A! Magazine for the Arts

Linda Parsons Marion writes of home and the earth it's built on.

Linda Parsons Marion writes of home and the earth it's built on.

Poetry: Linda Parson Marion Speaks From The Heart

March 24, 2009

Linda Parsons Marion writes of home and the earth it's built on. Through poems of childhood and gardening, she sings and grieves for the lost and the found in her life, for the many struggles and failings of the human heart. She is the author of two poetry collections, Home Fires and Mother Land. The latter combines gardening poems with work about her mother, who was diagnosed with bipolar disorder late in life. The poems show how the inner and outer landscapes work together to bring about healing, acceptance, and forgiveness.

Marion has received two literary fellowships from the Tennessee Arts Commission, and her poems and essays have appeared in numerous journals. She is an editor at the University of Tennessee, Knoxville, and the poetry editor of Now & Then magazine.



by Linda Parsons Marion

Though I have permission, it feels like robbery --
engine idling in the alley, scissors ready for
the meatiest stalks: blood-veined chard and coarse
collard, tender whorls of rocket and arugula.
Late leaves flutter as I pad the raised beds
of my daughter's fall garden, flavors deepened
by cold. Years before she cared much about green,
I repeated the tune of earth's alphabet:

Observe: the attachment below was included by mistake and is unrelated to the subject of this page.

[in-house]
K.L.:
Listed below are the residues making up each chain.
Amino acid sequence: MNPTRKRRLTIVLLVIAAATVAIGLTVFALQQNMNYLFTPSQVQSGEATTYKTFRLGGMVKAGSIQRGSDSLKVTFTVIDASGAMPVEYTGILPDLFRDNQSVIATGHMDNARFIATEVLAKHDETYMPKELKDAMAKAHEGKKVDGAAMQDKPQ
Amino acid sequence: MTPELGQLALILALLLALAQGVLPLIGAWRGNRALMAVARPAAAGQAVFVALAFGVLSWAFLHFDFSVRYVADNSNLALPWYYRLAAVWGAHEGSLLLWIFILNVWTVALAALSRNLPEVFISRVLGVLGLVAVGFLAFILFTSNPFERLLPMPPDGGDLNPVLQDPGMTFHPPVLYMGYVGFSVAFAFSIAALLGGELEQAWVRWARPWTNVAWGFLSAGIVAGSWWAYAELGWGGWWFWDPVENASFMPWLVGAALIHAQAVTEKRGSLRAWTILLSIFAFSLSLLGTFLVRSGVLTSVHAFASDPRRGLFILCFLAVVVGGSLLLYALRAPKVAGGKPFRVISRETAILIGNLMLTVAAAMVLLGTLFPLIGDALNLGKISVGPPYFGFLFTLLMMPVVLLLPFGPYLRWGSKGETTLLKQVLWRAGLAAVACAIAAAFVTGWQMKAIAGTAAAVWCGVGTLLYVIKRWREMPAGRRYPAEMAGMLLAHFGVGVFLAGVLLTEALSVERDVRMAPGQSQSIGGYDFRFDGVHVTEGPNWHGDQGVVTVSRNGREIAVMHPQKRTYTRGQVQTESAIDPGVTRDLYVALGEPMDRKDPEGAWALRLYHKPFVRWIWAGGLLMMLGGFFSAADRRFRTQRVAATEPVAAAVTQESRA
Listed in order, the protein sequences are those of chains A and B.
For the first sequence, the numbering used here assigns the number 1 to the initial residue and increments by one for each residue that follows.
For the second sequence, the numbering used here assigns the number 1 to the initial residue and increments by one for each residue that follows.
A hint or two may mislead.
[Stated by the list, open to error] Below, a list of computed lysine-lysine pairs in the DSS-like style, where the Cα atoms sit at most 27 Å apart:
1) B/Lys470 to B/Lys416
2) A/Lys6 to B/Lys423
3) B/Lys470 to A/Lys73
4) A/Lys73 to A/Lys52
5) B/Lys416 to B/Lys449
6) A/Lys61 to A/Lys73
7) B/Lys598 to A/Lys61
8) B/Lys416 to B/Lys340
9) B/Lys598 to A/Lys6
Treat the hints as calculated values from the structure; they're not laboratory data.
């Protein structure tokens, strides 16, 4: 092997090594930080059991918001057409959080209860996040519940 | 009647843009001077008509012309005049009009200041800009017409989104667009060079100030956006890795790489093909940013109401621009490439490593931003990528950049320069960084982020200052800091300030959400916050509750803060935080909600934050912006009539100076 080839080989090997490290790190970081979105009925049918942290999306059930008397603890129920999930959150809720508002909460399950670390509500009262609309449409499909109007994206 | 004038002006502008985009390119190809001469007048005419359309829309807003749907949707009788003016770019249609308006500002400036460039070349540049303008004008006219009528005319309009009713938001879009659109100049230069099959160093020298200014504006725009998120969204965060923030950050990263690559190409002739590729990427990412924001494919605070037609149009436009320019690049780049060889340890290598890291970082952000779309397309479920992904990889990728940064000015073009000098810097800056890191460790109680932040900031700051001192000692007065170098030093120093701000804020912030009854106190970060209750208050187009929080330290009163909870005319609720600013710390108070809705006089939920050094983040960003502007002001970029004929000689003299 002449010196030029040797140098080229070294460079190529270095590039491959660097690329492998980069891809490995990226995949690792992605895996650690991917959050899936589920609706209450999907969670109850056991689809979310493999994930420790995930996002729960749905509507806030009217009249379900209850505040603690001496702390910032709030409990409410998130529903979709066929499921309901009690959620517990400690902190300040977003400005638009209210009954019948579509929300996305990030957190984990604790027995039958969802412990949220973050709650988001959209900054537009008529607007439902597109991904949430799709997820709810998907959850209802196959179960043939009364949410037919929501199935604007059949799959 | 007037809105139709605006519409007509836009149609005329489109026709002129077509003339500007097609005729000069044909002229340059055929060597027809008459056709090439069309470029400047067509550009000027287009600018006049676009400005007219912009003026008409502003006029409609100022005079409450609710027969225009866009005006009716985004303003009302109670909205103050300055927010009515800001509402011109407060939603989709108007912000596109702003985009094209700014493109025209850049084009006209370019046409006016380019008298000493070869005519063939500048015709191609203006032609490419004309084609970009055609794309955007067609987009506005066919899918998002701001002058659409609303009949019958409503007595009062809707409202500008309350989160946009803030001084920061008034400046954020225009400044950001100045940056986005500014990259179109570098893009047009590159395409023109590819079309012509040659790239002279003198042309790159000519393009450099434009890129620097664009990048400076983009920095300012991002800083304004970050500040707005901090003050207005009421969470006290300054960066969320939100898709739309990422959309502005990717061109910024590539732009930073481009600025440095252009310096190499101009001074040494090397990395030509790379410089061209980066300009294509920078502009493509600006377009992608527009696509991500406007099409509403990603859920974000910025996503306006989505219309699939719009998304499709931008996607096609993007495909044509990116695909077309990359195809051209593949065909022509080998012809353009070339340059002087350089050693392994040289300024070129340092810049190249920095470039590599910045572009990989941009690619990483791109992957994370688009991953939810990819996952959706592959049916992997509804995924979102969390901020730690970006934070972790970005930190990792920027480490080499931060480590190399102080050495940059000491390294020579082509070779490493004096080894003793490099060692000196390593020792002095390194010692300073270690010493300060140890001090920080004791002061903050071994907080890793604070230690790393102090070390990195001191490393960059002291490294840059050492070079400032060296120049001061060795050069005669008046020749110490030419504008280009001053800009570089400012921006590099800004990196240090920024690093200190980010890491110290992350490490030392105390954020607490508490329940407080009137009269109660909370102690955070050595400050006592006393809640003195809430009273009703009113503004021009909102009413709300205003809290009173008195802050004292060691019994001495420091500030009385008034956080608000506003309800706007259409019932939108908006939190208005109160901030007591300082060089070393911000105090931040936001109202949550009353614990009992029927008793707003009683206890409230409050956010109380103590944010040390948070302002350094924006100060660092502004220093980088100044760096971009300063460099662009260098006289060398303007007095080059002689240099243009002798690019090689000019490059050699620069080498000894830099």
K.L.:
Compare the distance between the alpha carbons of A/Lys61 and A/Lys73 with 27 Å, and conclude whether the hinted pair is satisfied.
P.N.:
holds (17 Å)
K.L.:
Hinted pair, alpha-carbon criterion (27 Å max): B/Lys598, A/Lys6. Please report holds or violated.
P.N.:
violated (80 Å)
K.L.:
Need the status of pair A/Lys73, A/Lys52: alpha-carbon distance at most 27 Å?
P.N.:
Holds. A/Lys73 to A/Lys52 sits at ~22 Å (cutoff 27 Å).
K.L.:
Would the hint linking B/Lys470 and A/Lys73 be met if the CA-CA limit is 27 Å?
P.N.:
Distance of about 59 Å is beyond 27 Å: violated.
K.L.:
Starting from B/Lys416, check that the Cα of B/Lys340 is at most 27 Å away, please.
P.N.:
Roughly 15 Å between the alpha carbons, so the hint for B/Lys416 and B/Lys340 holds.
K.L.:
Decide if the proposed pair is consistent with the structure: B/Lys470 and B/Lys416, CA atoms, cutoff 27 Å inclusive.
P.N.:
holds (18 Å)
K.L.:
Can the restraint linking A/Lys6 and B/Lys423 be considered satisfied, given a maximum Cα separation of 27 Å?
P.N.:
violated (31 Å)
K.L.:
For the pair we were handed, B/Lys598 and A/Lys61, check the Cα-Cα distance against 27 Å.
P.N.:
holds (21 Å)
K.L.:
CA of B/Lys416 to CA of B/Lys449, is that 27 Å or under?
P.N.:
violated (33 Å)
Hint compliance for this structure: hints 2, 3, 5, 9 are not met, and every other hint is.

A for acorn, O for oak, the parent crowns
over the child. Buttercups multiply here
and yon, chins yellow as sun, come spread
your inheritance on the run.

She must have caught in cuff or pocket a stray
burr or seed, for now her yard rambles in butternut
globes, peppers lanterned with twine. Rows
purpling in ruby beets, blushed heads of broccoli,
my daughter speaks, and stringbeans poke
heaven's backside. Something incandescent
must have taken root, her pretending not to hear
all those vegetable excitations, the dirt's untold
story worming a path to her heart.



by Linda Parsons Marion

It surrounded her like the sea: sofa, chairs, Formica
counter, even the melamine plates some shade of aqua,
all the rage in 1960. At twenty, she dove into life's well,
marrying my father, who hid his nine older years
behind a salesman's ease. At her round table, I swiveled
on the sherbet-colored stools, wash of blue on blue
swimming past -- robin's egg, cobalt, turquoise, sky.
I brought her those days my ache for breath, startled
mouth and gills, freckled sheen dulled brown, left
my mother's house on the lee shore of shifting sands.
She bundled me in woven creel, feathered fern
and sage, our currents riding tidal surge, divergent
cloud, divining pool of far-gone cares; while I, furtive
minnow, swept along in her phosphorescent wake.

Reprinted with permission from Mother Land (Iris Press, 2008)

-- Jeff Daniel Marion: 'The Man Who Love Hummingbirds'
-- Back to Main story: Regional Poets Celebrate National Poetry Month